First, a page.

The race has 44 entries vying for the 43 starting positions. Nine of those entries are on the "go or go home" list meaning they are outside of NASCAR's top 35 in owner's points and must earn their starting berth based on their qualifying speed. If qualifying for Sunday's race gets rained out, and it's possible, then the #75 team with driver Derrick Cope will be eliminated from the starting field.

Sunday's Sunoco Red Cross Pennsylvania 500 will be broadcast live by ESPN at 1pm eastern time. Scheduled re-broadcasts are set for Monday morning, 3 am eastern, on ESPN2, Monday afternoon, 1pm eastern, on ESPN Classic and again on Wednesday, 12pm eastern, on Speed.

THE VEGAS BREAKDOWN

The Las Vegas based WSE, World Sports Exchange, states that Hendrick Motorsports driver Jimmie Johnson is favored to win Sunday's race and they have ranked him at 5 to 1 odds. Current Sprint Cup points leader Tony Stewart, who again won the race there last June, is right behind Johnson at 6 to 1.

A most promising wager could turn out to be Mark Martin. The Sprint Cup's reigning "old man" is ranked at 7 to 1 this Sunday. While Martin is still looking for that first Pocono win he does own the track's consistency records with his 19 top five finishes and 31 top tens.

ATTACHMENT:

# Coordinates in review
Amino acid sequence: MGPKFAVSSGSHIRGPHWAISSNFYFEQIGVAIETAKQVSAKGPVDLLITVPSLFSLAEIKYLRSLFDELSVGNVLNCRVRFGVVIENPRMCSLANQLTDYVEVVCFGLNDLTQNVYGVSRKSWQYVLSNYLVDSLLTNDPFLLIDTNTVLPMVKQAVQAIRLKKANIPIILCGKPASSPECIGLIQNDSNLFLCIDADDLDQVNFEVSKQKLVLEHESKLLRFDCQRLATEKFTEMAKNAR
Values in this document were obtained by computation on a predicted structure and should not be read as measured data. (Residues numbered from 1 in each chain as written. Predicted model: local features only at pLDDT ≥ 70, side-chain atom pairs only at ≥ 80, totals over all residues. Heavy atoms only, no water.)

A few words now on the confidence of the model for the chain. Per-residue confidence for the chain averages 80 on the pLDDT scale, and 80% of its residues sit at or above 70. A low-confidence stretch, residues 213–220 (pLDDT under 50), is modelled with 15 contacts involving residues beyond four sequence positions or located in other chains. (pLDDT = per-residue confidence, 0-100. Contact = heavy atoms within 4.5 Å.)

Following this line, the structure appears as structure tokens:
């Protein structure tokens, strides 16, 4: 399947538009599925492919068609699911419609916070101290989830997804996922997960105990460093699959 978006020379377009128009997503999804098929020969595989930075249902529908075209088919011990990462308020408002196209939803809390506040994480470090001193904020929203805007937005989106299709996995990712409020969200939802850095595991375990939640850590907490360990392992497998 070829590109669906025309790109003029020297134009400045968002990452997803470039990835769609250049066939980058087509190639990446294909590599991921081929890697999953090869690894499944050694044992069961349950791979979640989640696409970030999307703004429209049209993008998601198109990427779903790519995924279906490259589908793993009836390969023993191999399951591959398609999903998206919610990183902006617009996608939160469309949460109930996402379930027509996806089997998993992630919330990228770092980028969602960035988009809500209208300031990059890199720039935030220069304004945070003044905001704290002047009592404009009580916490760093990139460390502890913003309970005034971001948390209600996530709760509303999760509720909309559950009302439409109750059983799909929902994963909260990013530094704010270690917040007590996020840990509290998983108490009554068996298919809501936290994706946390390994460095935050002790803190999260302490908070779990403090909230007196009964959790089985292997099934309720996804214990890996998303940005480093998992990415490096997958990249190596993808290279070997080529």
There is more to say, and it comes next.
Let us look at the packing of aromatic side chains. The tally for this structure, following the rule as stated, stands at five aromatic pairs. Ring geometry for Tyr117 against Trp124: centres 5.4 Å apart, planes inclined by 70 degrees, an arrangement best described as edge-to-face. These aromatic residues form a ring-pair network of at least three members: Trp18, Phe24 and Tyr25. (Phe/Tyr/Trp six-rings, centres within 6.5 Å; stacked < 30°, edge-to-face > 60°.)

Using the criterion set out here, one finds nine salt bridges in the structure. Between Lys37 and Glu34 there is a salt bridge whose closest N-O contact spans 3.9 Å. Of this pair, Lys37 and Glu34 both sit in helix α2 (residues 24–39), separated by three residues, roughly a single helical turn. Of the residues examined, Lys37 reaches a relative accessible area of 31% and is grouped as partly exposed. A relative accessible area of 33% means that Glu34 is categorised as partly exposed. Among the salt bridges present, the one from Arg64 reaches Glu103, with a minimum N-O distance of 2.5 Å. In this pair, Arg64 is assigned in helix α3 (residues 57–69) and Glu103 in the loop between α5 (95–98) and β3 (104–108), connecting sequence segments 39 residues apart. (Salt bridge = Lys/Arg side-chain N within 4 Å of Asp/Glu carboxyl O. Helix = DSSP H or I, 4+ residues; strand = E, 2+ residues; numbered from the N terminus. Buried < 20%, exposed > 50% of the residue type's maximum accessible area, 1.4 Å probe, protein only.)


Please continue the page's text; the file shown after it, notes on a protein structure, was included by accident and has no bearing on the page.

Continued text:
Denny Hamlin, who has visited Pocono's victory lane in the past, could also turn out to be a good bet at 8 to 1 odds. The same goes for Jeff Gordon, a four time winner at this track, and Carl Edwards who has two wins there. Gordon and Edwards are ranked at 9 to 1 odds for Sunday.

One really interesting aspect to this week's Las Vegas report is Kyle Busch who has been ranked by the WSE at 10 to 1 for the Pocono race. All season long Busch has either been rated at the top, or very close to it, as a heavily favored race winner. However recent on track problems has seen this team slide from tenth to 14th in the championship standings and it appears that this week's WSE rating is a reflection of that slide.

Other noteworthy WSE ratings this week include the trio of  Kurt Busch, Kasey Kahne and Greg Biffle at 14 to 1 while Ryan Newman and Brian Vickers are ranked at 22 to 1. Juan Pablo Montoya, who was so strong last Sunday at Indianapolis, comes in at 25 to 1 while Matt Kenseth and Dale Earnhardt Jr's odds are set at 28 to 1.

Again NASCAR officials would like to remind you that these numbers are for entertainment purposes only and they neither encourage or condone the placing of wagers on their events.

But for those of you are willing to risk this month's car payment you may as well have the latest numbers in order to make an informed decision. It's by far more scientific than throwing darts.